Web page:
Two accounts of methodological naturalism, II

Alejandro Jenkins explains the rise of the “multiverse” hypothesis:

[The laws of physics] seem finely tuned to make our existence possible. Short of invoking a supernatural explanation, which would be by definition outside the scope of science, a number of physicists and cosmologists began in the 1970s to try solving the puzzle by hypothesizing that our universe is just one of many existing universes, each with its own laws.

This is a perfect example of the “incompetence” account of methodological naturalism: choose a hypothesis which falls within your competence, and supernatural causes fall outside of it. If the multiverse hypothesis fails,  simply try another hypothesis that does not invoke supernatural causes.

But if the multiverse hypothesis bears fruit, isn’t this some sort of confirmation that invoking supernatural causes is a mistake? We explained the phenomenon without the supernatural! Supernatural 0, Atheism, 1, right?  This is a ridiculous way of seeing the facts: all the success of the multiverse proves is that physics can take one more step within its domain of competence. It is not the refutation of something outside your path, it is simply a confirmation that you can take one more step on your own path.

But what about Aristotle’s Physics? How can I claim that it is both physics in a sense univocal with contemporary physics, and yet terminates in a supernatural cause? This peculiar character is because it less relies on hypothesis to understand the physical world. The hypothesis always gives one a choice which side of a contradiction he wants to choose. Aristotle, on the other hand, starts with certain basic observed truths about the natural world and derives conclusions from them, and so he is inevitably forced into “following the argument where it goes”, even if it leads him to a sphere outside of his competence as a student of physics.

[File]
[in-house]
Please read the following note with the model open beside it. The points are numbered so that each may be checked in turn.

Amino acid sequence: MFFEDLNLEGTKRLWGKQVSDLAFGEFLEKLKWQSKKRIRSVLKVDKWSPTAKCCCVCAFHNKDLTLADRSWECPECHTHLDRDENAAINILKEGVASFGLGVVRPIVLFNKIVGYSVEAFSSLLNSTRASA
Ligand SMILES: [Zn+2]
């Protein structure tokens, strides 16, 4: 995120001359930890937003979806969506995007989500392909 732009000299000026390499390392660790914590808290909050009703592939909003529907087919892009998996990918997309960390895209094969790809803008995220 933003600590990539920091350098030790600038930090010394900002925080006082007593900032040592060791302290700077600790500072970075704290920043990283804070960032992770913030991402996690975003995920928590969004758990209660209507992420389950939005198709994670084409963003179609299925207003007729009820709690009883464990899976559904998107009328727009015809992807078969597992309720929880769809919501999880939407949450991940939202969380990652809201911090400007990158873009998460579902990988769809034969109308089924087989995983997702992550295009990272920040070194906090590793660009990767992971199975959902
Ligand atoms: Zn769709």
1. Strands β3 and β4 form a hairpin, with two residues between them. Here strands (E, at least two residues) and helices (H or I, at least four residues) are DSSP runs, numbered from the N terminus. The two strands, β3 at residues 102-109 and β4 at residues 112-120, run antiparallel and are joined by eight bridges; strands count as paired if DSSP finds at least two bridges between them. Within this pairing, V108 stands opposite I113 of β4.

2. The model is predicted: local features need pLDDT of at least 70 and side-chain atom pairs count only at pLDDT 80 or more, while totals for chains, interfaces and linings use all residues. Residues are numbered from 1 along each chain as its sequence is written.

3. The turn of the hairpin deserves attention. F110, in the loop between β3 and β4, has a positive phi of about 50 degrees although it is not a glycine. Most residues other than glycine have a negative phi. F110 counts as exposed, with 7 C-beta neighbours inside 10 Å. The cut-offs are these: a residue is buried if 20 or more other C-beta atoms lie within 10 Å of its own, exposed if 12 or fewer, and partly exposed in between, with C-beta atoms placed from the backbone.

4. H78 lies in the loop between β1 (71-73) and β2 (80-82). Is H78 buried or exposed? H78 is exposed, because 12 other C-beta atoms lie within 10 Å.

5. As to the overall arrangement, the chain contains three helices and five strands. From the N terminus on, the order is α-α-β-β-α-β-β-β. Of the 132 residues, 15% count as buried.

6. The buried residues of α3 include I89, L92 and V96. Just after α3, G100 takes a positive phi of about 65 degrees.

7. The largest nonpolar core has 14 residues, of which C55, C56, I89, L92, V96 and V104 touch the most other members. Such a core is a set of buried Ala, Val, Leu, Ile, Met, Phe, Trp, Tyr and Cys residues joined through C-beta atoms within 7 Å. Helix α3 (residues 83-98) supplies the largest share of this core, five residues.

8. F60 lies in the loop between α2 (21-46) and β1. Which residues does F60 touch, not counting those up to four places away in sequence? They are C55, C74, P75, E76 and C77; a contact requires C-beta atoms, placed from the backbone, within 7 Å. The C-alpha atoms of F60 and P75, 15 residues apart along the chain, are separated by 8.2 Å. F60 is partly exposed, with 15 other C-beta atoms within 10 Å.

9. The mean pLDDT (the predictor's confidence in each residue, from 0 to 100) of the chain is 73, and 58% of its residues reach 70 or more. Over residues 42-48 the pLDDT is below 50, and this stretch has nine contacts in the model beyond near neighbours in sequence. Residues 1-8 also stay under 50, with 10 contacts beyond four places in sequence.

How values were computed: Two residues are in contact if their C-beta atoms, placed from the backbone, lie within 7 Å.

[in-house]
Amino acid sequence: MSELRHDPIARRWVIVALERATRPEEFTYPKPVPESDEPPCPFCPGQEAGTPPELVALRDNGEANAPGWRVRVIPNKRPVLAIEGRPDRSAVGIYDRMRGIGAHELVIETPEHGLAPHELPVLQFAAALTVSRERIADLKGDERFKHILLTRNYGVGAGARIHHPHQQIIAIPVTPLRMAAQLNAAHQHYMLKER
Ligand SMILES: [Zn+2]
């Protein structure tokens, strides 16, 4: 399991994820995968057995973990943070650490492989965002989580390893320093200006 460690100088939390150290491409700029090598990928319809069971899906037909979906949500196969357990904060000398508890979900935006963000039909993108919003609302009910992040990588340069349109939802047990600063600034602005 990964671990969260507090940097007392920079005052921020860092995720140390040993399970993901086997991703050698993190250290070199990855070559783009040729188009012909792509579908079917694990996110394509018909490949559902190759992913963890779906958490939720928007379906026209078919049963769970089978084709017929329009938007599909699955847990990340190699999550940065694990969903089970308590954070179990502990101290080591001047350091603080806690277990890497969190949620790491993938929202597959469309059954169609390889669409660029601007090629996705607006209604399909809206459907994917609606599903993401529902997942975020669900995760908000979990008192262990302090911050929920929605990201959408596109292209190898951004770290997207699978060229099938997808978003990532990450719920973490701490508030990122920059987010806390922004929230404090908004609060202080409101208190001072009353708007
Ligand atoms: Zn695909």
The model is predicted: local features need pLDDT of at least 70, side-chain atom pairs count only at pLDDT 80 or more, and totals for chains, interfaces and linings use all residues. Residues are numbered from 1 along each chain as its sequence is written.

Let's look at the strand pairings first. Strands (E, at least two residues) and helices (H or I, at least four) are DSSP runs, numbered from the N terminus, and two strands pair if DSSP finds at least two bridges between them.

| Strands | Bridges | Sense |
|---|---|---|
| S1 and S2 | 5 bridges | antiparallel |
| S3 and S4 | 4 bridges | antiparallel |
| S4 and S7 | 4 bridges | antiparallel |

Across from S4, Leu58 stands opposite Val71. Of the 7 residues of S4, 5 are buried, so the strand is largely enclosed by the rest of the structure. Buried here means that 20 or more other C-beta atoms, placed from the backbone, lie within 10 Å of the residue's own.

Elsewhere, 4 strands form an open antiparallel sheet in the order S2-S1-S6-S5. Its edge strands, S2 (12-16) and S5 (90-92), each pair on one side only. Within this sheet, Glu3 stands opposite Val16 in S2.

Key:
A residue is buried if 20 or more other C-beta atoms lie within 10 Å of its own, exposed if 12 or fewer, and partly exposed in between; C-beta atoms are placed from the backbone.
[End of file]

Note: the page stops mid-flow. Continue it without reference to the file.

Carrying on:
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2 Comments

  1. Joseph A. said,

    December 24, 2009 at 2:31 am

    I asked in another thread what “natural” and “supernatural” actually are, and stated that multiverse theories clearly seem to be “supernatural” theories – regardless of whether or not they involve God.

    Here I’d like to ask something else: Is even an explicitly “natural” hypothesis necessarily a scientific one? If the standard of possible falsifiability is required for a theory or speculation to really be scientific, it seems that either multiverses (regardless of whether such theories are properly viewed as natural or supernatural) are not “science” – or, if they are, that this requires reworking the definition of science to no longer rely on falsifiability.

    And if falsifiability is gone, how many theories suddenly become scientific? Is the God “theory”? Intelligent Design? The simulation argument? Brain in a vat?

  2. W Ryan said,

    December 24, 2009 at 9:32 am

    Given that scientific method starts from below and proceeds according to what can be known by natural means, it seems to me that both the “incompetence” approach and the “refutation” approach can bear fruit so long as they don’t stray outside their areas of competence in order to make metaphysical statements.

    If the multiverse theory could be supported scientifically, it would not really push at metaphysical reality in any significant way. It would only expand the zone of what is known by the means of natural science. If it was used to support a naturalist theory, that there was nothing outside of the system,wouldn’t it immediately stake a claim outside of the scientific zone of competence?

    I guess my point is that “methodological” naturalism seems appropriate, perhaps even preferable, so long as it doesn’t stray into philosophical naturalism.


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